Personal Finance

How Much Cash Should You Carry

By David Krug David Krug is the CEO & President of Bankovia. He's a lifelong expat who has lived in the Philippines, Mexico, Thailand, and Colombia. When he's not reading about cryptocurrencies, he's researching the latest personal finance software. 4 minute read

When I visit my family in Florida, my dad constantly asks if I brought any money. He doesn’t have to borrow any because of this. My father is of the opinion that people should always have cash on hand for unforeseen circumstances. Nine times out of ten, I have to inform my dad that I cannot afford to give him money. He frequently gives me a twenties under the table.

My father’s worries about my lack of cash on me are well-founded. To be on the safe side, we should all keep some cash on us at all times. Not that I advocate carrying a lot of cash with you; nobody wants their possessions stolen or lost. In a world where plastic is the norm, cash still has its uses.

8 reasons why you should always have some cash on hand are listed below:

1. Bill-Splitting

Going out to eat with your pals and splitting the check? Even while some eateries have the technology to produce individual checks, it is usually more convenient and expedient to settle up as a group. 

In the same vein, if you and a friend want to share a purchase, cash makes it much simpler to do so. If one party pledges to pay and then fails to do so later, the other may be left footing the entire bill. In addition, it could be cumbersome to have to go to the bank or an ATM to cash a check.

2. Tipping

My sister-in-law works as a server at a fancy restaurant, and she told me that she would much rather be tipped in cash than have the option of using her tip credit. All of the cash tips she receives are hers to keep. 

She tips her busser directly instead of going via the establishment’s management, who keeps a portion of all cash tips as profit. If you’re planning on having a sit-down meal, it’s polite to have some dollar dollars for tipping.

3. Should You Be Unable To Use A Card

Credit and debit card payments appear to be accepted everywhere these days. This is generally accurate. However, some establishments are cash-only. One time I took a taxi van to the airport and discovered to my dismay that they only accepted cash. 

Everyone in the van had to wait while I accessed my bank account. They were obviously quite upset with me. One such place where you can only pay with cash is a vending machine. 

Although some vending machines do accept credit cards, the vast majority do not. If you’re parched, especially after exercising, you might have to resort to buying a drink from a vending machine. When my mom and I go for a run at the park, we always bring a little cash with us.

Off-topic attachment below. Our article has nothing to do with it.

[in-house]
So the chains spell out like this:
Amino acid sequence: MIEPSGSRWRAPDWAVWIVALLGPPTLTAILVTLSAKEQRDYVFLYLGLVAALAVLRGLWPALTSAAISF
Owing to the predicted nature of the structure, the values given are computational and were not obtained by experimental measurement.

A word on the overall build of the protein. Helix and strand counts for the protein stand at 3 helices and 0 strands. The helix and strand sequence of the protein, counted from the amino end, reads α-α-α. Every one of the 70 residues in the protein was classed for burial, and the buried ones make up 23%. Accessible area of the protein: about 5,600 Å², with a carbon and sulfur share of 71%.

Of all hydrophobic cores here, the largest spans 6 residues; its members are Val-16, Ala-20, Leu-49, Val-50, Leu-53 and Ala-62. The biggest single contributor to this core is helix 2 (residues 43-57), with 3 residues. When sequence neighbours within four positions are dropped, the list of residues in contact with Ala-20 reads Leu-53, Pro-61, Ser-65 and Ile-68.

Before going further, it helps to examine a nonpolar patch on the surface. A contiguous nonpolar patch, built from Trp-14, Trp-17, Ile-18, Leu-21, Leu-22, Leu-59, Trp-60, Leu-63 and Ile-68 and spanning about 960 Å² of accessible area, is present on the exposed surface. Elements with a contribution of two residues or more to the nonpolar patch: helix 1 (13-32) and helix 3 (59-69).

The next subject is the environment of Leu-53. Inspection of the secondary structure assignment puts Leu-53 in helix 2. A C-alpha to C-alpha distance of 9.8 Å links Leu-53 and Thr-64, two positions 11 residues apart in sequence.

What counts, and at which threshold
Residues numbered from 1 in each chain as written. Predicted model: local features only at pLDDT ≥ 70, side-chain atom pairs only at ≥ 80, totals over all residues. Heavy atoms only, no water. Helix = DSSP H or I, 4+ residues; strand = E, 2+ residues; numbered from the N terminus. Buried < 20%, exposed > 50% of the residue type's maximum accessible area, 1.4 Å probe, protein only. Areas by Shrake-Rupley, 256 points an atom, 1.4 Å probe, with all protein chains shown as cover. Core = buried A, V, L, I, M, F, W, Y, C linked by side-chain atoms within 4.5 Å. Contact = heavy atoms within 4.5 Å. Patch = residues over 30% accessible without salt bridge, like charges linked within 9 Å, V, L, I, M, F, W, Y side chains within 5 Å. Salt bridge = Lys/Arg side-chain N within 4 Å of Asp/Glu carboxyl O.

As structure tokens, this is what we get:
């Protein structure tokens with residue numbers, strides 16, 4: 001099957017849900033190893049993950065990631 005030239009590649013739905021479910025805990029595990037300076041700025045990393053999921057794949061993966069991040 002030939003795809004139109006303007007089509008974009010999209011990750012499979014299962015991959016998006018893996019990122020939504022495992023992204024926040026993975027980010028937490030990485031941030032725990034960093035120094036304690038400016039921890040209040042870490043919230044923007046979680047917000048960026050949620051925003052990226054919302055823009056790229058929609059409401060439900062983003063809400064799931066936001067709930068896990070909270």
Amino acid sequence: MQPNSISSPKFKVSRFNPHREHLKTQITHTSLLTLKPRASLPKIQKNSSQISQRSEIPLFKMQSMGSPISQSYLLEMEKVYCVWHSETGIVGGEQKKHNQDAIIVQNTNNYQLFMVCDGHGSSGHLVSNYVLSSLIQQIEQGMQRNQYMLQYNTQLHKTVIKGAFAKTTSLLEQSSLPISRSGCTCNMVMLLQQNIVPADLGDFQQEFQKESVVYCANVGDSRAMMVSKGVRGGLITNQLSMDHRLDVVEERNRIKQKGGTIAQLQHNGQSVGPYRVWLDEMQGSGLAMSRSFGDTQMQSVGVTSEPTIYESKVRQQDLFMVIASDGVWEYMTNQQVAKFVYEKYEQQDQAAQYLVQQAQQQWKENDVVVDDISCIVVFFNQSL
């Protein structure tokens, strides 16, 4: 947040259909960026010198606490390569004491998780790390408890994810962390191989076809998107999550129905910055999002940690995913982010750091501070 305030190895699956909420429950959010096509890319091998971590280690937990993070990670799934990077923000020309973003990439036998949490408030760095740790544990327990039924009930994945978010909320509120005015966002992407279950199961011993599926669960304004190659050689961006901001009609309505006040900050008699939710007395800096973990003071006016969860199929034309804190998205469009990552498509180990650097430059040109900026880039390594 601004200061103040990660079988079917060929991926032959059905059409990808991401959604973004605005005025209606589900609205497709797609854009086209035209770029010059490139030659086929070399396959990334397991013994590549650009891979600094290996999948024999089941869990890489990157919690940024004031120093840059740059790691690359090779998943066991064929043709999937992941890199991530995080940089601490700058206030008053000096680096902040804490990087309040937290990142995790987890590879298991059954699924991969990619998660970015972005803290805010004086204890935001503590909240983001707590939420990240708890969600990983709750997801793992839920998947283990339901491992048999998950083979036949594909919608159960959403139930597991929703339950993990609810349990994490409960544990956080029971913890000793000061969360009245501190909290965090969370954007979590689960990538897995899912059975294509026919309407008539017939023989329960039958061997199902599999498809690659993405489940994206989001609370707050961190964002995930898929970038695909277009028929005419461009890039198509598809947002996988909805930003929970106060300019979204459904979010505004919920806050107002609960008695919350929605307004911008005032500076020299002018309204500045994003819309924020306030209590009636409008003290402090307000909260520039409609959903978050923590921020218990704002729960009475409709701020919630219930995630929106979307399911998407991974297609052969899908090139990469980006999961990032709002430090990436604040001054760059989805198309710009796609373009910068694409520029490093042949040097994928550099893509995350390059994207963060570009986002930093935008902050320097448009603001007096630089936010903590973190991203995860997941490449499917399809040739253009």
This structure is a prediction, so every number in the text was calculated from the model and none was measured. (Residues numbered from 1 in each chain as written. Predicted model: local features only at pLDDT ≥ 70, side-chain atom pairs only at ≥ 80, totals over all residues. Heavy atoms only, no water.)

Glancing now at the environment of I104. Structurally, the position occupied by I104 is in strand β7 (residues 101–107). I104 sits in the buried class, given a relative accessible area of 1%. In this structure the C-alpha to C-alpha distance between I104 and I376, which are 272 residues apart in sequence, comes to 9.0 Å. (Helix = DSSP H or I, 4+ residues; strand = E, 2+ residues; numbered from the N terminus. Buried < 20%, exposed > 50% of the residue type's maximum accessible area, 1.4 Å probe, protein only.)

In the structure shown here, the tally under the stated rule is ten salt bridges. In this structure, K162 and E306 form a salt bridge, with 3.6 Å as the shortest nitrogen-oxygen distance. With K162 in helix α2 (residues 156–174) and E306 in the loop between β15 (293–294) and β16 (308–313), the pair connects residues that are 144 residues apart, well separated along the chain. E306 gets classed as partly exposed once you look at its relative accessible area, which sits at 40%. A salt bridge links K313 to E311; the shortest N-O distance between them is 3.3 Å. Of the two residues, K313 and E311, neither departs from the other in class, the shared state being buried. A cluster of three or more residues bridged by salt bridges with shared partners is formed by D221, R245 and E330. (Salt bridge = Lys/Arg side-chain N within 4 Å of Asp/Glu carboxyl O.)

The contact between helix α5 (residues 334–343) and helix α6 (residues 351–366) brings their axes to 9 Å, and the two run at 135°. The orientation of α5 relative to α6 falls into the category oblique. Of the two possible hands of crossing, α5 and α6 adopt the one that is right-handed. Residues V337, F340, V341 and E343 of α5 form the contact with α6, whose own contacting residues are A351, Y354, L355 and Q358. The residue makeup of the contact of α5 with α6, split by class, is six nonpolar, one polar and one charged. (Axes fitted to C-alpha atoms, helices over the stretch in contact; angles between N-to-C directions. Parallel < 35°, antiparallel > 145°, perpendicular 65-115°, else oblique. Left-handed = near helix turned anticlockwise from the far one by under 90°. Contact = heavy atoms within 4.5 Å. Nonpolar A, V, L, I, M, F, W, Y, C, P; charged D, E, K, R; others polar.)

4. In the Event Of A Crisis

Always be ready for anything that may come your way. Make sure you have enough money on hand to pay a tow truck if you break down on the road without access to AAA or another roadside assistance program. One of the best ways to protect yourself when traveling is to always carry some cash.

5. Card Suspended

Some places that provide emergency services take credit cards, but you never know when they might fail you. So what happens if your payment is declined? It’s possible that your credit card company has temporarily frozen your account due to suspicion of fraudulent activity. 

I hope you didn’t max out your credit card (the Golden Rule of credit cards). What happens if you try to use your debit card but don’t have enough money on it? Never put off paying off a credit card until you absolutely have to, because you never know when you might need it. Surprisingly, a growing number of Americans are opting out of using credit cards in favor of cash.

6. Envelope System

To successfully use the envelope budgeting strategy to reduce or eliminate debt, you must always have the necessary funds on hand. Otherwise, your budgeting efforts will be futile, and you will continue to overspend. 

This approach works so well because you can watch your money being spent or put away in real-time. The lack of funds prevents this from happening. You can also implement the same approach utilizing an online personal finance management platform, such as Mvelopes.

7. Tolls

A few months back, I drove to Orlando and had to traverse multiple toll highways. I neglected to make preparations in advance, despite the fact that I was aware I should take them. 

I had no money with me when the time came to drive. I had to complete paperwork and submit a reimbursement request to the Florida DOT for each of the five toll plazas I used. If I had been carrying money at the time, I could have avoided the whole ordeal.

8. Mug Cash

A friend of mine always keeps twenty dollars on him in case he gets robbed. He believes that if he gives the attacker the $20, the mugger will be satisfied and leave him alone. I’m not sure whether this actually works, but I’d much prefer to give a thief $20 than my credit or debit card!

Do you keep cash in your wallet or purse? How about in your glove box? How much do you typically bring with you?

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